Double Chai in the Chi
Keren Zwick Portrait
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Keren Zwick

Long before immigrant rights became such a timely issue, Keren Zwick was fighting to protect those facing persecution, particularly those fleeing their home countries because of their LGBT status. She tackles tough immigration-related legal cases, working with detained immigrants who may have prior criminal convictions to provide fair legal representation. 

As associate director of litigation in the National Immigrant Justice Center's litigation practice and head of the LGBT Immigrant Rights Initiative, Keren has recruited, trained and supervised attorneys with minimal experience in complex immigration law, working to keep them involved in the larger fight for justice. 

Keren grew up in southern Illinois where she was the only Jewish student at her high school, and she remains involved with the community as a board member of the Jewish Federation of Southern Illinois, Southeast Missouri and Western Kentucky and co-chair of the Alumni Association of Camp Ben Frankel in Carbondale. 



Primary gig:

Associate Director of Litigation at the National Immigrant Justice Center

On the side:

Adjunct legal writing professor at Loyola University School of Law

Relationship status:


How do you give back?

In my day job, I advocate on behalf of low income immigrants, refugees, and asylum-seekers. Many of my clients are detained, most identify as members of the LGBTQ community, and some have had exposure to the criminal justice system in the United States. The clients I work with are often facing a possible death sentence if they are deported. Many have endured terrible abuse in their past, often including physical and sexual violence. And perhaps the hardest part of this work for me personally, is that these individuals are often facing human rights abuses in the United States, where they are detained in county jails for months on end as they wait for a chance to speak to an immigration judge. This work allows me to give back to these individuals, by giving them a chance at freedom in this country… it allows me to fight for what I see as a fundamental promise of the United States: the notion that we are a nation of immigrants and that all are welcome.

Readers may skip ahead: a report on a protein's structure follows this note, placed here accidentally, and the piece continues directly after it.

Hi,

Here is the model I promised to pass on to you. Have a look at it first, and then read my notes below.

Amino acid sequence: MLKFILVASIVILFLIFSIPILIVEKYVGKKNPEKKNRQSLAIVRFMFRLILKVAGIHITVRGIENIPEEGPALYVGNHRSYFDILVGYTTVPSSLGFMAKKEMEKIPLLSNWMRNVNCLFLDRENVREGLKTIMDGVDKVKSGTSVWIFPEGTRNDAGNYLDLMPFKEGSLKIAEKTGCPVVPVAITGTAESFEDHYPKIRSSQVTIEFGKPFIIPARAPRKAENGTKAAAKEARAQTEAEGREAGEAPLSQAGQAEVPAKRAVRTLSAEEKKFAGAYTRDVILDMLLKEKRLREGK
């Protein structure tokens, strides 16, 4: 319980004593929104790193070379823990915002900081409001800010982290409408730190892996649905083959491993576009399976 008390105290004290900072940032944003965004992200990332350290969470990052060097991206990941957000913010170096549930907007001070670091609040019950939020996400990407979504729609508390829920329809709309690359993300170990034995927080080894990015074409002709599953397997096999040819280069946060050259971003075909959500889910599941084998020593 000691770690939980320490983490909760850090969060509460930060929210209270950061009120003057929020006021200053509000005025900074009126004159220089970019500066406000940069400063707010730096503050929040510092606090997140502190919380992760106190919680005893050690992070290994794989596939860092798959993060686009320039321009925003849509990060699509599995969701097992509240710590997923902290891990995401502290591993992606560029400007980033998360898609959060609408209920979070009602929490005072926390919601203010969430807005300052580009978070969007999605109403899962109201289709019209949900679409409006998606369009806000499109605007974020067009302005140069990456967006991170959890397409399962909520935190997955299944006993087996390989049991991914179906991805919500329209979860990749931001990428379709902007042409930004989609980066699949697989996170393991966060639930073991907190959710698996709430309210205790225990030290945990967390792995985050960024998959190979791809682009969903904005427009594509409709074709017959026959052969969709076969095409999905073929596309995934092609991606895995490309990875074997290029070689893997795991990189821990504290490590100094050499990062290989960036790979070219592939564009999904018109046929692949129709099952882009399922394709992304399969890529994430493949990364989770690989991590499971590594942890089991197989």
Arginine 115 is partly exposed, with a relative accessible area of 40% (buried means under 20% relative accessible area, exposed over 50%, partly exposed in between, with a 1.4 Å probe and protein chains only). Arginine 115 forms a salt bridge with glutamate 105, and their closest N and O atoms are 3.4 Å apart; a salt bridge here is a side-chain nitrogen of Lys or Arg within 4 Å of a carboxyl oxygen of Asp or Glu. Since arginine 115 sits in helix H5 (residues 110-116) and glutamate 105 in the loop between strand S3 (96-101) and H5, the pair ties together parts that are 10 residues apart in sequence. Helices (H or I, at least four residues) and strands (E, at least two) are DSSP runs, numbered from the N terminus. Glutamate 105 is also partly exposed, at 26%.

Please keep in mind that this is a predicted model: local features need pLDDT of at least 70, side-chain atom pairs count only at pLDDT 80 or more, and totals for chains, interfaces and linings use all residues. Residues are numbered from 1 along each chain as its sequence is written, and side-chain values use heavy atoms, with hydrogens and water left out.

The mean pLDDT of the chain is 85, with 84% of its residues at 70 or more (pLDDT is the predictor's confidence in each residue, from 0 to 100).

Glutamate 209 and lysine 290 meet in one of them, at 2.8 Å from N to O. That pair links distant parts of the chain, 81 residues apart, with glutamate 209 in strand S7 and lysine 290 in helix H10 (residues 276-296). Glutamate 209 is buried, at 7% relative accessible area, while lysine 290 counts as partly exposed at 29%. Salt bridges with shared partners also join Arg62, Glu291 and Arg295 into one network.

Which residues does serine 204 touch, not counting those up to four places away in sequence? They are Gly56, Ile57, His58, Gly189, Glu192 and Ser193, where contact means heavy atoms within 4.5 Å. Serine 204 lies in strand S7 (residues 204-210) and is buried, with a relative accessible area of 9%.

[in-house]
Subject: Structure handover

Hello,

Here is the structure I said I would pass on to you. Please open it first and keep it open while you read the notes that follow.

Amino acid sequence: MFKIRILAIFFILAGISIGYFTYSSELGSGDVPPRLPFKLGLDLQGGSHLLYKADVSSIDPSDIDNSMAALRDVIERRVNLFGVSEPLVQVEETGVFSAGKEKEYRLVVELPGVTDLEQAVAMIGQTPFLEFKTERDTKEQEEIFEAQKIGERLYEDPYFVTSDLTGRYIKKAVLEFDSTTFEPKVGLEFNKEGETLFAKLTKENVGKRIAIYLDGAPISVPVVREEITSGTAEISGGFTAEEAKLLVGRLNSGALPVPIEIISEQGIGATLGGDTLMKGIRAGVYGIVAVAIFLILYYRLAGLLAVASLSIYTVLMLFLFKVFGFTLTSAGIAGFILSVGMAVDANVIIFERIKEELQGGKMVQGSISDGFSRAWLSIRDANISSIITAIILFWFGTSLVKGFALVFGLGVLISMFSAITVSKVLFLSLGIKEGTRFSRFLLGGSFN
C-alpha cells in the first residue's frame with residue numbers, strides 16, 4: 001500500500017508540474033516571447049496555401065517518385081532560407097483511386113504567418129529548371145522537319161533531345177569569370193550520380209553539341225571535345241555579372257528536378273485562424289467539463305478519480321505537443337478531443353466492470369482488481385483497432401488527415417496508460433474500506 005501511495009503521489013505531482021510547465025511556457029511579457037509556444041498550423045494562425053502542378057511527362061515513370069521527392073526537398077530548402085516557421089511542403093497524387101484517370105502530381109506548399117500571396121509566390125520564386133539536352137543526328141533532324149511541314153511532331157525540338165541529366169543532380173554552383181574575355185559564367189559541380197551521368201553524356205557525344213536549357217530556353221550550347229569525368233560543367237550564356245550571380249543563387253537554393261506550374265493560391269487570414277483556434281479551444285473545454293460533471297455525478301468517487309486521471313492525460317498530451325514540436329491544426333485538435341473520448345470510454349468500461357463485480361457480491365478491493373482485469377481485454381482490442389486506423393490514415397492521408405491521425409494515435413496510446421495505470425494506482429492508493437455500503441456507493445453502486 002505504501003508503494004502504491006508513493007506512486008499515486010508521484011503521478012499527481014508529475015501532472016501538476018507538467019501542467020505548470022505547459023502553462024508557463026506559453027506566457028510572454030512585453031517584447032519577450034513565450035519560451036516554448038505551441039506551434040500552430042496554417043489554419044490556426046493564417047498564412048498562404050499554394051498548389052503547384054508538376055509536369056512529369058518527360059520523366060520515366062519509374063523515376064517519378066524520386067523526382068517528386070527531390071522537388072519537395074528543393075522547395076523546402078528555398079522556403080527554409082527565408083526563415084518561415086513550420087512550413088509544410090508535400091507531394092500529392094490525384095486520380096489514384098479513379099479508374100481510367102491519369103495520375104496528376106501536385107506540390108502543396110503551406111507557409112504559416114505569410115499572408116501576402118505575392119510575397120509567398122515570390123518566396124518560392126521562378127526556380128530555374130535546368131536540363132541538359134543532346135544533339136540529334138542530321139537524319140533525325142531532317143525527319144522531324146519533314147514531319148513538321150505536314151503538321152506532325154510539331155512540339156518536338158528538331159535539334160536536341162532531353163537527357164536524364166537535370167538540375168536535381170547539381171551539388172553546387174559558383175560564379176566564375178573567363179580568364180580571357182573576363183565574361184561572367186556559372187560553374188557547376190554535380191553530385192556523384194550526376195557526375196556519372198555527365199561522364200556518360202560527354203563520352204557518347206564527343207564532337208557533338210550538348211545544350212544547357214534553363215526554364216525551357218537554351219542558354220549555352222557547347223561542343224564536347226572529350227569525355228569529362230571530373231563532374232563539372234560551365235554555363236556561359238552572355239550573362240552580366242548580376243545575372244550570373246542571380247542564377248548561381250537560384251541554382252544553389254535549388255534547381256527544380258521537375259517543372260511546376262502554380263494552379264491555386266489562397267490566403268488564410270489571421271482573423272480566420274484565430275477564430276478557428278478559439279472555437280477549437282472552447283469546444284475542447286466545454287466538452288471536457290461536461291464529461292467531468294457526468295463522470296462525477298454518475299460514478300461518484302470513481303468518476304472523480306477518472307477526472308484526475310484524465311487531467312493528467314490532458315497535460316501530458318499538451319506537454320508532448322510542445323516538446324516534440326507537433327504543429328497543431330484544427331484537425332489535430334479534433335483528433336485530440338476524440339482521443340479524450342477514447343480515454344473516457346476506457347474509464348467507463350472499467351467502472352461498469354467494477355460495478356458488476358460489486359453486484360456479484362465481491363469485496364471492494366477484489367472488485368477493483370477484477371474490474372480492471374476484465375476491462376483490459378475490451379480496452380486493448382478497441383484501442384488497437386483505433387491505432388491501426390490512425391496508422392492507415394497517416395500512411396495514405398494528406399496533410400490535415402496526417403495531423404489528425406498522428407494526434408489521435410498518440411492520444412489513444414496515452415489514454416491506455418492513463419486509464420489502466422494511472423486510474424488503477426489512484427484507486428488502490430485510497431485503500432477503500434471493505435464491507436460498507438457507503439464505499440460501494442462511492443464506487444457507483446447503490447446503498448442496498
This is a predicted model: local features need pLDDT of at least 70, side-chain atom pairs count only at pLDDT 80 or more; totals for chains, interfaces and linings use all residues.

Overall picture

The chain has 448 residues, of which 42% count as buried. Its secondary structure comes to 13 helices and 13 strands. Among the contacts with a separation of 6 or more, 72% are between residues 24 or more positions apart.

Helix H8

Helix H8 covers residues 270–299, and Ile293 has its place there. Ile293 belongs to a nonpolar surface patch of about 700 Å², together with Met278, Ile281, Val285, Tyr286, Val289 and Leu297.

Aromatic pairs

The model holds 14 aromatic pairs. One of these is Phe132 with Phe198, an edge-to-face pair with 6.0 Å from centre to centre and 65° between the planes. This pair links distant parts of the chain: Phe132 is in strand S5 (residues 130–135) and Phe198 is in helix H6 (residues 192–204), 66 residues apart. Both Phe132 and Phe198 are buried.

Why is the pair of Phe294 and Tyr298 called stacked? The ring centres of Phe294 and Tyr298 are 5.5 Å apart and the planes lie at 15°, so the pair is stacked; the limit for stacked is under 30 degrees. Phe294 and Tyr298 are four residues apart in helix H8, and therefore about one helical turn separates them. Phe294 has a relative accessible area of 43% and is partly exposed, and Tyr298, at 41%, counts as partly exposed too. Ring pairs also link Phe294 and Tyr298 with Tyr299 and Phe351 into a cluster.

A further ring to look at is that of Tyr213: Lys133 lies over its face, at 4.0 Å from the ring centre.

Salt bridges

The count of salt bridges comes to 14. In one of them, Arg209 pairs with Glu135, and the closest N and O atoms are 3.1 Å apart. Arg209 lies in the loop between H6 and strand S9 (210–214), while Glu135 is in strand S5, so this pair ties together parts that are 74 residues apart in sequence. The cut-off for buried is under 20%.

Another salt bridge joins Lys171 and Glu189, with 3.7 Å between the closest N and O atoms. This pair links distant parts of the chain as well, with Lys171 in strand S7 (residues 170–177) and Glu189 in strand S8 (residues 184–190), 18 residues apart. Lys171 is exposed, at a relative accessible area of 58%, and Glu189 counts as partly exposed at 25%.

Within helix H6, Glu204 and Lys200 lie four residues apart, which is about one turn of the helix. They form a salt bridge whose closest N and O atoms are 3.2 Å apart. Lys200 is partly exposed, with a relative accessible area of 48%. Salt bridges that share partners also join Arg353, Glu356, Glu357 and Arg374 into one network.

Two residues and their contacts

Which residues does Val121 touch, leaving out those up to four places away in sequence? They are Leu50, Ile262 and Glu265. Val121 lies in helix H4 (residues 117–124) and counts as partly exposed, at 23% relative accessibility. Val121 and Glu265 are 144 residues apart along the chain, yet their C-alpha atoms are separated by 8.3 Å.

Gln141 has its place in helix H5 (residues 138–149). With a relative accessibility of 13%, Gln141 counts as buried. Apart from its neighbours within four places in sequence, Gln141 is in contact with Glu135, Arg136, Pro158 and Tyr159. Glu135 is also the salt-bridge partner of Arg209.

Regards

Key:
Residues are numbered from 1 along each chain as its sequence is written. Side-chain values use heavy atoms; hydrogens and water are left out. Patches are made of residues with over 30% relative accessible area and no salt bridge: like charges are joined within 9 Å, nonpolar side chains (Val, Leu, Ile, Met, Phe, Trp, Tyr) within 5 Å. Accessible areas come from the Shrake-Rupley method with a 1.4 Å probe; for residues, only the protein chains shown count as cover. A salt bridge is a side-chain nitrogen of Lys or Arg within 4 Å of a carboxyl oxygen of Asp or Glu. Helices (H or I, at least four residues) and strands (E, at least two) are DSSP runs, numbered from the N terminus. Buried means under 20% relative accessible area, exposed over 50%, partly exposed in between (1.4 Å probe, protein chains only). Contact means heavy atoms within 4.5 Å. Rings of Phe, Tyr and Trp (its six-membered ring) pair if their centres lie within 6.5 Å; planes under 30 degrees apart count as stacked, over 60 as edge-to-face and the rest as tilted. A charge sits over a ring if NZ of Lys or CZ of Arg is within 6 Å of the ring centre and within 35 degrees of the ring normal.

Describe yourself in 10 words or less:

Mincer of garlic not words; will try almost anything once.

Something most people don’t know about me:

I sang and danced in front of about 700 people at Park West, despite having special talent in neither singing nor dancing.